to be written into (with the default parameter of READWRITE) or
whether it should be protected against write access (READONLY).
Attempts to write to a READONLY segment will cause a hardware
fault.


[instance] allows you to specify whether or not this data segment
(the DGROUP data segment in most cases) should be automatically
allocated upon invocation, and if so whether there should be one
copy allocated for the entire DLL (SINGLE, which is the default
setting for DLL's), or whether each instance of DLL usage should
have its own automatic data segment allocated (Multiple, and the
default setting for applications). If no automatic allocation is
required, then the parameter should be set to NONE.

Each data segment can also have its own IOPL level. This allows
you to set the minimum privilege level required in order to
access this data segment: setting the [iopl] parameter to IOPL
means that only Ring 2 and more privileged levels are allowed
access to the data segment. The default, NOIOPL, allows Ring 3
code segment routines to have access to the data affiliated with
the data segment. This allows an interesting interface to be
created between IOPL'ed segments and non-IOPL'ed segments through
common shared memory: like passing a message through a keyhole.

Finally, [shared] allows you to determine whether a data segment
marked as a READWRITE segment may be shared among different
tasks. If it is marked as shareable, then only one segment is
allocated at load time, and any process with privilege level
sufficient to write to it may do so. The default, NONSHARED,
does not allow write access to a common data segment and causes a
separate copy to be loaded for each instance. If a data segment
is marked as READONLY, then it is shareable by definition.


Segment by Segment Parameters

Unless otherwise specified, code and data segments have the
attributes you set in the CODE and DATA statements as described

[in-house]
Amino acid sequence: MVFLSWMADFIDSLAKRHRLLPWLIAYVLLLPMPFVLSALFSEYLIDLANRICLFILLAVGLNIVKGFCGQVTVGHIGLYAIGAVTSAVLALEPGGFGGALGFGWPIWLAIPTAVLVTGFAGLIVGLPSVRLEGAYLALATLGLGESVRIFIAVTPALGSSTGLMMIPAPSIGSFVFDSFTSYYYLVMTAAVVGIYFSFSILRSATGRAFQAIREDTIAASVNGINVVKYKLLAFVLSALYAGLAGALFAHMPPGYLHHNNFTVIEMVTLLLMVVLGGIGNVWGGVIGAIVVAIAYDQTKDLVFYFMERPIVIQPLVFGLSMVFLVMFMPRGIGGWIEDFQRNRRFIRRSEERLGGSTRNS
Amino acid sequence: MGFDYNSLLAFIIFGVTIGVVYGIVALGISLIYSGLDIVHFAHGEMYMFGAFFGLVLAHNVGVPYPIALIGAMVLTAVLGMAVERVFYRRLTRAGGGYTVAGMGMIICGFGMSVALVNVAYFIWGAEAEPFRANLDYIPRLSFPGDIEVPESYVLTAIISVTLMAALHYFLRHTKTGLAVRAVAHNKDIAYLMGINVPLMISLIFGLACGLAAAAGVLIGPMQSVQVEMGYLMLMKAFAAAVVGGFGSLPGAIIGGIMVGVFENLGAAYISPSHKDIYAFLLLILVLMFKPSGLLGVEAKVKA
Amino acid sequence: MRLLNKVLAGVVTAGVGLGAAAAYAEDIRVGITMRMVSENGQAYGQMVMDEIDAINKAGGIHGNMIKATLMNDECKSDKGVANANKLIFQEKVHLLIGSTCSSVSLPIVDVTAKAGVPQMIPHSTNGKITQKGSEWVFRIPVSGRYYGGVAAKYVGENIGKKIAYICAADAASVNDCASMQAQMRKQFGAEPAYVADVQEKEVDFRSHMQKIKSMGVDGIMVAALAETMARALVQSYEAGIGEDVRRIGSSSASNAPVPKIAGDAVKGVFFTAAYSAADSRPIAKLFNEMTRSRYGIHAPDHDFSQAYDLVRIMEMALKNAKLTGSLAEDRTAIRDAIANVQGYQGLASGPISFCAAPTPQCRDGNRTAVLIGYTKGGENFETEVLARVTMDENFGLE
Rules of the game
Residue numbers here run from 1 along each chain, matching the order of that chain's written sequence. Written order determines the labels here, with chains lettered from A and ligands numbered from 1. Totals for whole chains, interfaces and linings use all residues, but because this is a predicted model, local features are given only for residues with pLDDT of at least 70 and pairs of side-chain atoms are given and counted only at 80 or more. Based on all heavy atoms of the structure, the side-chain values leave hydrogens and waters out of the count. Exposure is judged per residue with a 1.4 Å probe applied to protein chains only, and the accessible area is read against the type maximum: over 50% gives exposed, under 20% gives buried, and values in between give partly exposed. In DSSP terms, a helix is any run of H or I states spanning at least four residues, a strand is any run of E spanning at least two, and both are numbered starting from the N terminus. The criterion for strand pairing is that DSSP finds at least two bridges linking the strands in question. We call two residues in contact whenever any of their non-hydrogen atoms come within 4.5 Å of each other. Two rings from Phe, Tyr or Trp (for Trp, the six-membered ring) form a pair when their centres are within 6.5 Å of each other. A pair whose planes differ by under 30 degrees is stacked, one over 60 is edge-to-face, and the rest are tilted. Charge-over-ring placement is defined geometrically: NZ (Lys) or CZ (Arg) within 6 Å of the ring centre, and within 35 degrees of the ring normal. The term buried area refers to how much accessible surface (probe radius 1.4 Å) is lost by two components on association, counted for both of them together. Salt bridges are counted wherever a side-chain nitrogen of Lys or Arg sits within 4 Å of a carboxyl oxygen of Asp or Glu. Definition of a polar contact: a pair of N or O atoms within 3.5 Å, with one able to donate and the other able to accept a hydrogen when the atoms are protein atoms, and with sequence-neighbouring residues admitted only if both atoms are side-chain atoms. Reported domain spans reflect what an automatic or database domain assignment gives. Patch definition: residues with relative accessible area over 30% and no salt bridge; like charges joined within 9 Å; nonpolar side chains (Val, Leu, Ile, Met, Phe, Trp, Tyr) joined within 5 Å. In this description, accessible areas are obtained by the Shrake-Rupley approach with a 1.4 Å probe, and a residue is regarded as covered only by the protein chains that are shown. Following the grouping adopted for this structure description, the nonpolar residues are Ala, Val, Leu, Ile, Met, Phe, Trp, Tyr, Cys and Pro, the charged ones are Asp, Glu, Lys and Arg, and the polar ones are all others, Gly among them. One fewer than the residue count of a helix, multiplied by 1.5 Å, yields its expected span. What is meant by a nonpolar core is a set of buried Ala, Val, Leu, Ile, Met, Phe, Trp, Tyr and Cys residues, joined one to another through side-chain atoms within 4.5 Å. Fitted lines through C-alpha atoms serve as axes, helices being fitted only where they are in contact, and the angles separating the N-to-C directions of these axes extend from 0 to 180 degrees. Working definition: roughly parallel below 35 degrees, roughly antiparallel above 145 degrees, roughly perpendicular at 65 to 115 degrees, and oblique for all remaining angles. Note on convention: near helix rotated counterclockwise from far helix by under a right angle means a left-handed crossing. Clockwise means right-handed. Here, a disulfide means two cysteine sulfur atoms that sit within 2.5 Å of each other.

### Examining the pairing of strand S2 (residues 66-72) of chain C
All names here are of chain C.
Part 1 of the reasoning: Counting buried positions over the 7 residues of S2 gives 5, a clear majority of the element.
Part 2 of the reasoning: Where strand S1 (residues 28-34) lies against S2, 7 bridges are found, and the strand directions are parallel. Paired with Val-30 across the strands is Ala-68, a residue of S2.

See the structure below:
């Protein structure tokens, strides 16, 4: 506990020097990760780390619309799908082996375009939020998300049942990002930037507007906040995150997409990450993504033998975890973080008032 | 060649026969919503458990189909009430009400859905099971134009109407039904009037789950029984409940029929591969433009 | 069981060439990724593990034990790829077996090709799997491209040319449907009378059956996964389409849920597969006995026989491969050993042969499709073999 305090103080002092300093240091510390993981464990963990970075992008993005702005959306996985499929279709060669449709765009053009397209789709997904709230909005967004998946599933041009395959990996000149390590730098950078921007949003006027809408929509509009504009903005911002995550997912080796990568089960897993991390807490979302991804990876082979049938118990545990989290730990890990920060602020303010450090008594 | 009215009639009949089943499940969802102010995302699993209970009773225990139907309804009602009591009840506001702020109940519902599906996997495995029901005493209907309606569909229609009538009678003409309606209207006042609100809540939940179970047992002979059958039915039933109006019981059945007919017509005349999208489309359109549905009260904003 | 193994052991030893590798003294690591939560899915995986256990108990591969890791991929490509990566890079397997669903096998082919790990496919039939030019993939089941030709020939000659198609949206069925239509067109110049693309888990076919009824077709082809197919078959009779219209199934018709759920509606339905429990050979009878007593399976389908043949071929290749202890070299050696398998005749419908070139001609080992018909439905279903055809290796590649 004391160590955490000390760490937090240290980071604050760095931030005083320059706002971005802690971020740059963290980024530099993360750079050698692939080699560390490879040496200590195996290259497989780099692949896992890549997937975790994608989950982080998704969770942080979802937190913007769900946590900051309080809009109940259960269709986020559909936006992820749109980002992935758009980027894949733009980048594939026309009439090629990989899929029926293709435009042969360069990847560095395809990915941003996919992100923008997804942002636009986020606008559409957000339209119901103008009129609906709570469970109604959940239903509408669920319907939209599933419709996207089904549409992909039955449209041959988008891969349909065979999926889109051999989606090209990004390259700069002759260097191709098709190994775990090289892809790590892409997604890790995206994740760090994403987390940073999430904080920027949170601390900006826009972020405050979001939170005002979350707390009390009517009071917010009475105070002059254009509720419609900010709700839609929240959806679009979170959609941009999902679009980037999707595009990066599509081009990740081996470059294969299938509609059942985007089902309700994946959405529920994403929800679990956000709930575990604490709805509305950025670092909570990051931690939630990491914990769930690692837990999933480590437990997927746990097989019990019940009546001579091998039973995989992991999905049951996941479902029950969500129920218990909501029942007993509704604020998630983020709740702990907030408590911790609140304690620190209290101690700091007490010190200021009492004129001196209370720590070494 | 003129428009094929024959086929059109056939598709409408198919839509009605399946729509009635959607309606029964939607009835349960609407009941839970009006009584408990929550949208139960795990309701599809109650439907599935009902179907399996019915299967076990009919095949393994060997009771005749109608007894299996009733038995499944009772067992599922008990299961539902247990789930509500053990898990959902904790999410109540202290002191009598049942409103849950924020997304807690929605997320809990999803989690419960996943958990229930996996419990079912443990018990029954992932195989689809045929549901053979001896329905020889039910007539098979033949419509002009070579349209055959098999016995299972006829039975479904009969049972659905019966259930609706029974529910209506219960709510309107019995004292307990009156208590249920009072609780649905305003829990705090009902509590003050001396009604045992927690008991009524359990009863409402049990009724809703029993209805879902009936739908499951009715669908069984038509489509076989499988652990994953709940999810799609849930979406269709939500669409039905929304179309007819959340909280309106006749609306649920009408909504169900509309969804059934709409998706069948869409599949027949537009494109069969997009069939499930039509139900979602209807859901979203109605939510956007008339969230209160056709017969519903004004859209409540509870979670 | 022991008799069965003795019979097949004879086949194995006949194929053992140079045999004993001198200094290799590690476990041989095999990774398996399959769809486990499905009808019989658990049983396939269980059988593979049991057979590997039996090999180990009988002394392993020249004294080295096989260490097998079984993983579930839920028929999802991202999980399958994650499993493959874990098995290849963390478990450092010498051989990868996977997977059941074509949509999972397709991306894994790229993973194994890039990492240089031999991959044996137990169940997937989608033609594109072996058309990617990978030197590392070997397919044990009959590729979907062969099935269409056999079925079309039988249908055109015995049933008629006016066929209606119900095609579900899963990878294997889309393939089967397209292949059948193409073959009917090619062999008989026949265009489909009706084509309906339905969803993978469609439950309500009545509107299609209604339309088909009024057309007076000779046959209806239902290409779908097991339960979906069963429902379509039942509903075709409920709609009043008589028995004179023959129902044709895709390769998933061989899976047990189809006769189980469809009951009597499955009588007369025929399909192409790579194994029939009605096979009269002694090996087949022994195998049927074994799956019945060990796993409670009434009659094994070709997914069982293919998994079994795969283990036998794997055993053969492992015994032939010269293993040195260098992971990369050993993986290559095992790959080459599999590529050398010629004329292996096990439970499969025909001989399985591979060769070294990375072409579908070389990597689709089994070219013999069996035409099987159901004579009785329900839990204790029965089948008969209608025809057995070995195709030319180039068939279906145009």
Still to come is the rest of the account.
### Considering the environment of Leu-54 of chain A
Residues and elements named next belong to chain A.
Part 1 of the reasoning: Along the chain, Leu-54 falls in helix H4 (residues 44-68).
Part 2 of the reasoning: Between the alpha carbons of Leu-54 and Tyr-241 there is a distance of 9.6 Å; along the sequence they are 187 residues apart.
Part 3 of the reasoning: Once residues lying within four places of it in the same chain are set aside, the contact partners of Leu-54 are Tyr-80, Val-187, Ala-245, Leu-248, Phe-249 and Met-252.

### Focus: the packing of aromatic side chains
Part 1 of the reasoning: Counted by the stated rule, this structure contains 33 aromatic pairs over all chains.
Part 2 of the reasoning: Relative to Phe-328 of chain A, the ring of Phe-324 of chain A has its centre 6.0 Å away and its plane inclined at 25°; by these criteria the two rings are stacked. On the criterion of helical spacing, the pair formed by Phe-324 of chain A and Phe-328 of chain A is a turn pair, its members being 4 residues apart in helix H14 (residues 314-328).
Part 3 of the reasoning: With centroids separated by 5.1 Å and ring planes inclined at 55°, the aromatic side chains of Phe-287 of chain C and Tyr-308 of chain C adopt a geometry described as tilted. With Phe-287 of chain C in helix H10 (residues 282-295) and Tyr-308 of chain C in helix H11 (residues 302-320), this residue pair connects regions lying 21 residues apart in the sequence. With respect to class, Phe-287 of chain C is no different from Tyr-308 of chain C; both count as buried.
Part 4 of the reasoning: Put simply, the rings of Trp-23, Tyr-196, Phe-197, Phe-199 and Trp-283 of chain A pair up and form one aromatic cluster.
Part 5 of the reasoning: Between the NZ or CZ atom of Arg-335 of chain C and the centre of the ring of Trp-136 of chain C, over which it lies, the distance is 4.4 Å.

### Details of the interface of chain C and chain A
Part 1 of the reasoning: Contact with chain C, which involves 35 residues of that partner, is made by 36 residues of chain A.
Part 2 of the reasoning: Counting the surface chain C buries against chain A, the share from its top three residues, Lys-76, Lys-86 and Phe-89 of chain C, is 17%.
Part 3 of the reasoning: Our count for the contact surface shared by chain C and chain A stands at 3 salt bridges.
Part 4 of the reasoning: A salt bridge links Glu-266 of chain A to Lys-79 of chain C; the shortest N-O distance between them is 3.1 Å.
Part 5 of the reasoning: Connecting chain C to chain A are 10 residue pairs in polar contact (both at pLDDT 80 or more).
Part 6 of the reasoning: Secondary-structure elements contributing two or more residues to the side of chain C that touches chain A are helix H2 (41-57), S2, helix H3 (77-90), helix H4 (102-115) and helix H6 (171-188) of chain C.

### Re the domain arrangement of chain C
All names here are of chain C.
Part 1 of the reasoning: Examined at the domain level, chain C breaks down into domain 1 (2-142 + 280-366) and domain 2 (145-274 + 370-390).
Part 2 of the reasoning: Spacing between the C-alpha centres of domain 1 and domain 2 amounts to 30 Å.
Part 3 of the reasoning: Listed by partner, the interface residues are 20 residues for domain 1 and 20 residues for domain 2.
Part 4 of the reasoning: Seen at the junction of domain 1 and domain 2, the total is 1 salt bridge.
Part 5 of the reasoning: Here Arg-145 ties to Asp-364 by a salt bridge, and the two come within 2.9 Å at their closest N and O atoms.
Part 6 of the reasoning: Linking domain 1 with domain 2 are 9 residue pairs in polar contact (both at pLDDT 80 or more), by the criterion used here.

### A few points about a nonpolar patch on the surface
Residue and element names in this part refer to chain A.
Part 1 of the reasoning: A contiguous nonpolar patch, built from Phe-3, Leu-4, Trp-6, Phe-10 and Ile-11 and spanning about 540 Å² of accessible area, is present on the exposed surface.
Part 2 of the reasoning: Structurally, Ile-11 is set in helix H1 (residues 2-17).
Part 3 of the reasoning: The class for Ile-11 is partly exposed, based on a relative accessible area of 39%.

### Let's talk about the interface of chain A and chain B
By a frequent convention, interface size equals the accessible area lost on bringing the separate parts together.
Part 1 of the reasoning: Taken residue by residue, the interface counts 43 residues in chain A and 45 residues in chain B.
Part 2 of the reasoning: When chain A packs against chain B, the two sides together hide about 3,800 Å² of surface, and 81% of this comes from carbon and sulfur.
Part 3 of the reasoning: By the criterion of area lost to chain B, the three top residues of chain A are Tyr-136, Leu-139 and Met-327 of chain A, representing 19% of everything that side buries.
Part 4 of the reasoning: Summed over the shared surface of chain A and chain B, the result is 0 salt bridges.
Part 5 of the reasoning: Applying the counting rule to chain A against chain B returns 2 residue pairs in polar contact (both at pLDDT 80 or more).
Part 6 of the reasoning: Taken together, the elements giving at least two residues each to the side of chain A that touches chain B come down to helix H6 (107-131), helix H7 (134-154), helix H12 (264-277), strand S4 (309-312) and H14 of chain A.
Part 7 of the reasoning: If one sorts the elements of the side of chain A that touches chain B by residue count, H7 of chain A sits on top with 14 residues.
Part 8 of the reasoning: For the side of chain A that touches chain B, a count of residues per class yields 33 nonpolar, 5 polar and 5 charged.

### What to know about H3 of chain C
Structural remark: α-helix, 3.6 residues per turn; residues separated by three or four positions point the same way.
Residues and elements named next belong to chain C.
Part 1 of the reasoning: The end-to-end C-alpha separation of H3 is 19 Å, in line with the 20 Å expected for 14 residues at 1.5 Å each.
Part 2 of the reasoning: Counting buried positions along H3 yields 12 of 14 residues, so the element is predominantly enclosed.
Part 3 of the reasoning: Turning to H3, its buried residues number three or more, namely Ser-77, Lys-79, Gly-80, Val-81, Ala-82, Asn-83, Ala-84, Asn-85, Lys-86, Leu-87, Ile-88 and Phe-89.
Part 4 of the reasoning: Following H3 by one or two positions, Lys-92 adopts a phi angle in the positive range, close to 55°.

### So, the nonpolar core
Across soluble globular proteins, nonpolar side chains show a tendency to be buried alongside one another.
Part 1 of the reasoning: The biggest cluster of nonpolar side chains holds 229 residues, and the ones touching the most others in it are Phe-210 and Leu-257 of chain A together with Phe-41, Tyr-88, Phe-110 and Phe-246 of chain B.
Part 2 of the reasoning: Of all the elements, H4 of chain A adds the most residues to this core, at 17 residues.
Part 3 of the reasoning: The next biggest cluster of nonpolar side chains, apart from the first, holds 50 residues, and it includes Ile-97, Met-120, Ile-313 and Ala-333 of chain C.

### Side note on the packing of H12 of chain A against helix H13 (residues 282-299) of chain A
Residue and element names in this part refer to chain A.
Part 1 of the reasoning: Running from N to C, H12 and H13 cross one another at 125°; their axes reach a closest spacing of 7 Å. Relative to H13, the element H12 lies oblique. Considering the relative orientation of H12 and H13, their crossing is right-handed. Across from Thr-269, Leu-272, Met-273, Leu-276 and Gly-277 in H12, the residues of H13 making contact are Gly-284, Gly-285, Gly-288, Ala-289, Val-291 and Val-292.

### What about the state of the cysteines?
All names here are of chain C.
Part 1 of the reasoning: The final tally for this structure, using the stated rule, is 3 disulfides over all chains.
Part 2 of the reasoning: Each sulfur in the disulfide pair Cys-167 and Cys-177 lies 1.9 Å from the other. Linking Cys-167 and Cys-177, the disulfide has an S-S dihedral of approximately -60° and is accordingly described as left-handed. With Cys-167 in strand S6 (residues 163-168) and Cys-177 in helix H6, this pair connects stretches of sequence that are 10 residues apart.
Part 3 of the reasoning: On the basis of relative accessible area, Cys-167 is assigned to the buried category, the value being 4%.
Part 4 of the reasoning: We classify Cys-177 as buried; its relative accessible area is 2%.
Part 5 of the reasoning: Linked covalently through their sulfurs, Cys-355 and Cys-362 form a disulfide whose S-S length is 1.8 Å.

above (or their pre-defined default values if you don't describe
them).

However, using the SEGMENTS statement, you may specify the
individual characteristics for a given named segment. Using the
fields as specified above, the format for the SEGMENTS statement
is:

SEGMENTS
[Tony:the following should be on one line, indented slightly]
[CLASS 'classname'][load][readonlyexecuteonly]
[iopl][conforming][shared]

The [CLASS 'classname'] is an option which allows you to specify
that the parameter (which is required) be assigned
to the class specified. If you don't specify a classname, then
the 'CODE' classname will be assigned. [What happens to the DATA
segments which aren't named?]



Other arguments to the SEGMENT members are as outlined above.


EXPORTS Statement

The EXPORTS statement is the only method of letting the outside
world know about the routines of the DLL (the EXPORT statement is
only applicable to DLL's. See the IMPORTS statement below for
application requirements).

Unless specified by inclusion in the EXPORTS section of the DEF
file, a DLL routine is invisible to applications. The full
format of each line within the EXPORT section is:

[=internalname][@ordinal][RESIDENTNAME][pwords]

A name used internally within the DLL need not be the name the
outside application world knows the routine by: you can specify
the outside name as different from the internal name easily. This
allows you to have a class of functions each serving a similar
purpose and then to categorize them if you wish with a meaningful
prefix.

If you wish, you can allow access to the function by its ordinal
(or the routines library "slot" number) instead of by its name,
by specifying the desired ordinal (obviously unique for the DLL)
preceded by an '@' sign. If you do, lookups will be faster at
load time, and less space will be required for the in-memory
search list.

If you do use the [@ordinal] option, then you may have to
consider using the [RESIDENTNAME] option as well: normally, if
an ordinal is used, then OS/2 will not keep the specified
external name available. If you're not using the ordinal
parameter, then OS/2 will keep the name resident in its search
tables.

If you've included usage of any privileged functions in your
routine, you'll have to let the linker know how many words to
reserve for parameter copying by using the [pwords] variable.
Since a calling task will have its own parameters copied as it
passes through the gateway, you have to reserve that space now.


IMPORTS Statement

The imports section allows you to specify which external DLL
routines you require in your application (although a DLL can
import functions from another DLL, ad infinitum). The format of
a line in the IMPORTS section is:

IMPORTS
[name=].


Again, like the EXPORTS lines, you can specify a name your